Arles
Visit Manade Cavalinni Bull Ranch

Walking tour Staintes Maries
Visit Ornithological Park
Board the MS Camargue
Visit to the Roman Amphitheater and Theater
Visit Roman Museum


All pictures expand when clicked on.

First stop on the schedule today was a visit to the Cavalinni Bull Ranch. 

 We were loaded onto wagons for a trip out into the fields.

These animals are raised to be used in a type of bull fighting particular to the Provencal area, called Provencal Games. 

They decorate the animals with ribbons and buttons and matadors try to get the items off the bull without being gored.

You can watch a short video of this game on You Tube.

 After showing us the cows and how the gauchos can handle them, they played a game of keep away on horseback.

 

We returned to the old barn which has been converted into a restaurant for lunch.

After a short drive we arrive at Saintes Maries de la Mer.  Our guide Laurence leads us off the bus.

According to local legend three biblical Marys arrived here across the Mediterranean Sea - hence the name: Saintes-Maries-de-la-Mer means "Three Marys of the Sea".

According to legend they were Mary, mother of Jesus, Mary, sister of Lazarus, and Mary Magdalene. This ancient tradition is a problem for the Roman Catholic Church especially the idea that Mary Magdalene, supposedly the wife or concubine of Jesus, arrived with their infant daughter Sara.  This legend may have given rise to the Arthurian literature which originated in this part of France.

The search for the Holy Grail was the greatest quest in the Arthurian legends. The Grail was often called Sangreal, and san greal means "Holy Grail". However, through arrangement of the letter "g", sang real comes to mean, "True Blood".  In this interpretation the Holy Grail is not the cup of Jesus used at the last supper and which was used to collect his blood at the crucifixion, but Sara and her decendants which hold the true blood of Jesus.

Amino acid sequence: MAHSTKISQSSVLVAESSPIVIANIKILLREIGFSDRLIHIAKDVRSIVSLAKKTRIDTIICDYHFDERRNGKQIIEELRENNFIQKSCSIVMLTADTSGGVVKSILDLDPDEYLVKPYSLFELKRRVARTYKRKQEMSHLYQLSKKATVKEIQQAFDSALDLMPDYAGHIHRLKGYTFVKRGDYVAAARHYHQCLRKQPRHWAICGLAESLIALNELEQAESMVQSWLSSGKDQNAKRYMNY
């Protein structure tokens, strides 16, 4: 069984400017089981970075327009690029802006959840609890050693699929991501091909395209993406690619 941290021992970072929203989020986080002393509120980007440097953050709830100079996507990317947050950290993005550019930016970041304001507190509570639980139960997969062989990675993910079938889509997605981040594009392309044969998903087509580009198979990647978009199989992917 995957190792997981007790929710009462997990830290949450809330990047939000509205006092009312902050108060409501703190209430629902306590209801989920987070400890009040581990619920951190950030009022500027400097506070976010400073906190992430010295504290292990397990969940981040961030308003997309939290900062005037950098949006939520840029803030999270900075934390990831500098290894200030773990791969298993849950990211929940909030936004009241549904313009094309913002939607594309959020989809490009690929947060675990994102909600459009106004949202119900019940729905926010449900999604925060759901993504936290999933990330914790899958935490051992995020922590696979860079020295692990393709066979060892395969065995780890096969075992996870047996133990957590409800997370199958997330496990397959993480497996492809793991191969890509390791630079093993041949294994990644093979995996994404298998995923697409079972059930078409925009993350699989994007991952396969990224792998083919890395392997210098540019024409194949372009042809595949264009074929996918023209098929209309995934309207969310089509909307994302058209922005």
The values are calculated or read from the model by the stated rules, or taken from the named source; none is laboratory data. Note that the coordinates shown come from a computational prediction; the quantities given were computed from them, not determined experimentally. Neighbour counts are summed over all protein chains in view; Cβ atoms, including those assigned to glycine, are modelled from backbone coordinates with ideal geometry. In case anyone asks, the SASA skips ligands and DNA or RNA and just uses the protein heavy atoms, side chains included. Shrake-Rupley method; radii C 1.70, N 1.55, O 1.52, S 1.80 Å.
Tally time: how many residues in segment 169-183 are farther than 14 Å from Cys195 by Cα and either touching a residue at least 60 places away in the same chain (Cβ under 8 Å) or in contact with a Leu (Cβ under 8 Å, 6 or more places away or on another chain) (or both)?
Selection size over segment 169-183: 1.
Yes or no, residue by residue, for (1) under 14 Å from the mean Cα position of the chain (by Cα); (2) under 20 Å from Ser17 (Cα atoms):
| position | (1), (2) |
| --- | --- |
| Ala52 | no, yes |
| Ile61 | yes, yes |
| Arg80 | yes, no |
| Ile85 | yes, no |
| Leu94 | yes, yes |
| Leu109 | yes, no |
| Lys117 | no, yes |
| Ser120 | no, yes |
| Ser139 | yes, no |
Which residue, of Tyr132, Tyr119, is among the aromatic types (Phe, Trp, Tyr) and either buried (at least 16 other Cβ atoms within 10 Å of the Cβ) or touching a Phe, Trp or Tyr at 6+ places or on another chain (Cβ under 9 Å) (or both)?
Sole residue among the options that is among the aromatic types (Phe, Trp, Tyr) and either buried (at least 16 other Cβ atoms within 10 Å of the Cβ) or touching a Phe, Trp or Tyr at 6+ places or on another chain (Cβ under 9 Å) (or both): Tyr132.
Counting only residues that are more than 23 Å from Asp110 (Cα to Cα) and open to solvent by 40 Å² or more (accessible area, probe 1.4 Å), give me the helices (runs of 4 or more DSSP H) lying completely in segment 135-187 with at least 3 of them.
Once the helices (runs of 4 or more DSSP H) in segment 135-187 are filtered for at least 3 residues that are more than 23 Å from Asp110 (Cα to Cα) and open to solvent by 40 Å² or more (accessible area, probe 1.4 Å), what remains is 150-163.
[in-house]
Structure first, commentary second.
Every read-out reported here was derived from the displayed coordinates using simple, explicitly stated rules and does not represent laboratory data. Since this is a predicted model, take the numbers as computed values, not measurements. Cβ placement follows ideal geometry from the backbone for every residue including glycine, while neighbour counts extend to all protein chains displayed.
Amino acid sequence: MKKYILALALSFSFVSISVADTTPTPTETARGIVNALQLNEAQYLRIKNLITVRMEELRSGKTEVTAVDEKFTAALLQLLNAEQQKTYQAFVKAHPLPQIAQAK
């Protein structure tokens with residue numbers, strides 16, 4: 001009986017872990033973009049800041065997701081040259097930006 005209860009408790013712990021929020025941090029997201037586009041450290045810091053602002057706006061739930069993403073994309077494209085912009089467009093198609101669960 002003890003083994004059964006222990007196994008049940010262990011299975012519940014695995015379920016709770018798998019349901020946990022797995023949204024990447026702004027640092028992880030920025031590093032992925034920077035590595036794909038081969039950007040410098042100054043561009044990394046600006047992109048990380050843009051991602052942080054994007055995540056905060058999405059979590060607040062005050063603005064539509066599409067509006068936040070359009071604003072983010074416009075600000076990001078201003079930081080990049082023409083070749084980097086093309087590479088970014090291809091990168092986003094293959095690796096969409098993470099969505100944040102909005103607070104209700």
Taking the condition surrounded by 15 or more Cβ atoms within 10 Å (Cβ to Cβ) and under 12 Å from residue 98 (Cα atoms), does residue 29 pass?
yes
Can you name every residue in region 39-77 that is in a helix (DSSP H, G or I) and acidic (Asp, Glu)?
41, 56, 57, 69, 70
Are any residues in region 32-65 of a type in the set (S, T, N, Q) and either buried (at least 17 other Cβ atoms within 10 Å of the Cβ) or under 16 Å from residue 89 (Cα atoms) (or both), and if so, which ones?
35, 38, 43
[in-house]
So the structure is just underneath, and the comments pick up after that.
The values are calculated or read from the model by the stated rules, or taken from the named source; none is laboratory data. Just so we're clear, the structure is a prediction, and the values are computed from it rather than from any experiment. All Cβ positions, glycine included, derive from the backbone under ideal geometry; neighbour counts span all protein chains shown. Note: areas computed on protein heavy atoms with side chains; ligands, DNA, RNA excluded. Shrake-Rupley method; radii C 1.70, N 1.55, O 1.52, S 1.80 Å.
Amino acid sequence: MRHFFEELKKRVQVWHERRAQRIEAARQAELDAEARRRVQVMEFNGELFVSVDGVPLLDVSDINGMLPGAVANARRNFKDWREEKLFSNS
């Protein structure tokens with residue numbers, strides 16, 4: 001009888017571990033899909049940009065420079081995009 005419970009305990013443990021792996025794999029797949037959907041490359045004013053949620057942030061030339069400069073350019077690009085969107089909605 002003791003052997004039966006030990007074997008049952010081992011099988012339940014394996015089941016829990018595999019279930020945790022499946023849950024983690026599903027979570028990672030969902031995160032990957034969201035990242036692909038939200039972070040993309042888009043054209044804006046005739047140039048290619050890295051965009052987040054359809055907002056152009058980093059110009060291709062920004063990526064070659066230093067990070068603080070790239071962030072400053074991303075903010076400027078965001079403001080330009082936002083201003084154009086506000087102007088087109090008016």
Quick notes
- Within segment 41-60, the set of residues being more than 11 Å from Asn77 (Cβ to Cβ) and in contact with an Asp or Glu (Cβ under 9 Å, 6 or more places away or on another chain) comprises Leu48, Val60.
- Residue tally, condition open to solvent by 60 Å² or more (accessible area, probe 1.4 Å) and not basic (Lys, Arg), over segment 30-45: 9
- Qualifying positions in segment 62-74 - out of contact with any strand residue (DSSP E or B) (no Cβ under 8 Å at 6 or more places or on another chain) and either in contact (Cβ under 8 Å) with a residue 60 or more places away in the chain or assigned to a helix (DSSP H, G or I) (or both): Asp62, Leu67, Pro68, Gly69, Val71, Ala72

The current Church of the Saintes Maries de la Mer was built from the 9th to the 12th century, as a fortress and a refuge.

In the 15th century, someone "discovered" the relics of Mary Jacobé and Mary Salomé, who were said to have arrived there by sea. 

 

 

Somehow the presence of souvenir shops and all the trinkets for sale tend to diminish the ancient mystery of the village.

The next stop was the Pont de Gau Ornithological Park. 

The area south of Arles is known as Camargue The two branches of the Rhone form a marshy river delta in the land between them.

With an area of over 930 km2 (360 sq mi), the Camargue is western Europe's largest river delta. It is a vast plain comprising large brine lagoons or étangs, cut off from the sea by sandbars and encircled by reed-covered marshes. These are in turn surrounded by a large cultivated area.

Approximately a third of the Camargue is either lakes or marshland. The central area around the shoreline of the Étang de Vaccarès has been protected as a regional park since 1927, in recognition of its great importance as a haven for wild birds. In 2008, it was incorporated into the larger Parc Naturel Régional de Camargue.

Of course what you see at the ornithological park is birds, lots and lots of birds.

Flamingos are the main attraction of the park as they were here in large numbers scattered in numerous individual flocks.

 There was a good assortment of other birds as well.

Our bus had to get on a ferry to get across the Rhone River to the port where our river boat was docked.
At last we arrive at the MS Camargue which will be home for the next five nights.

Our cabin on the Camargue.  It was a bit small for these types of boats.  We heard later that our voyage was the last for the Camargue which was going into the ship yard for significant renovations.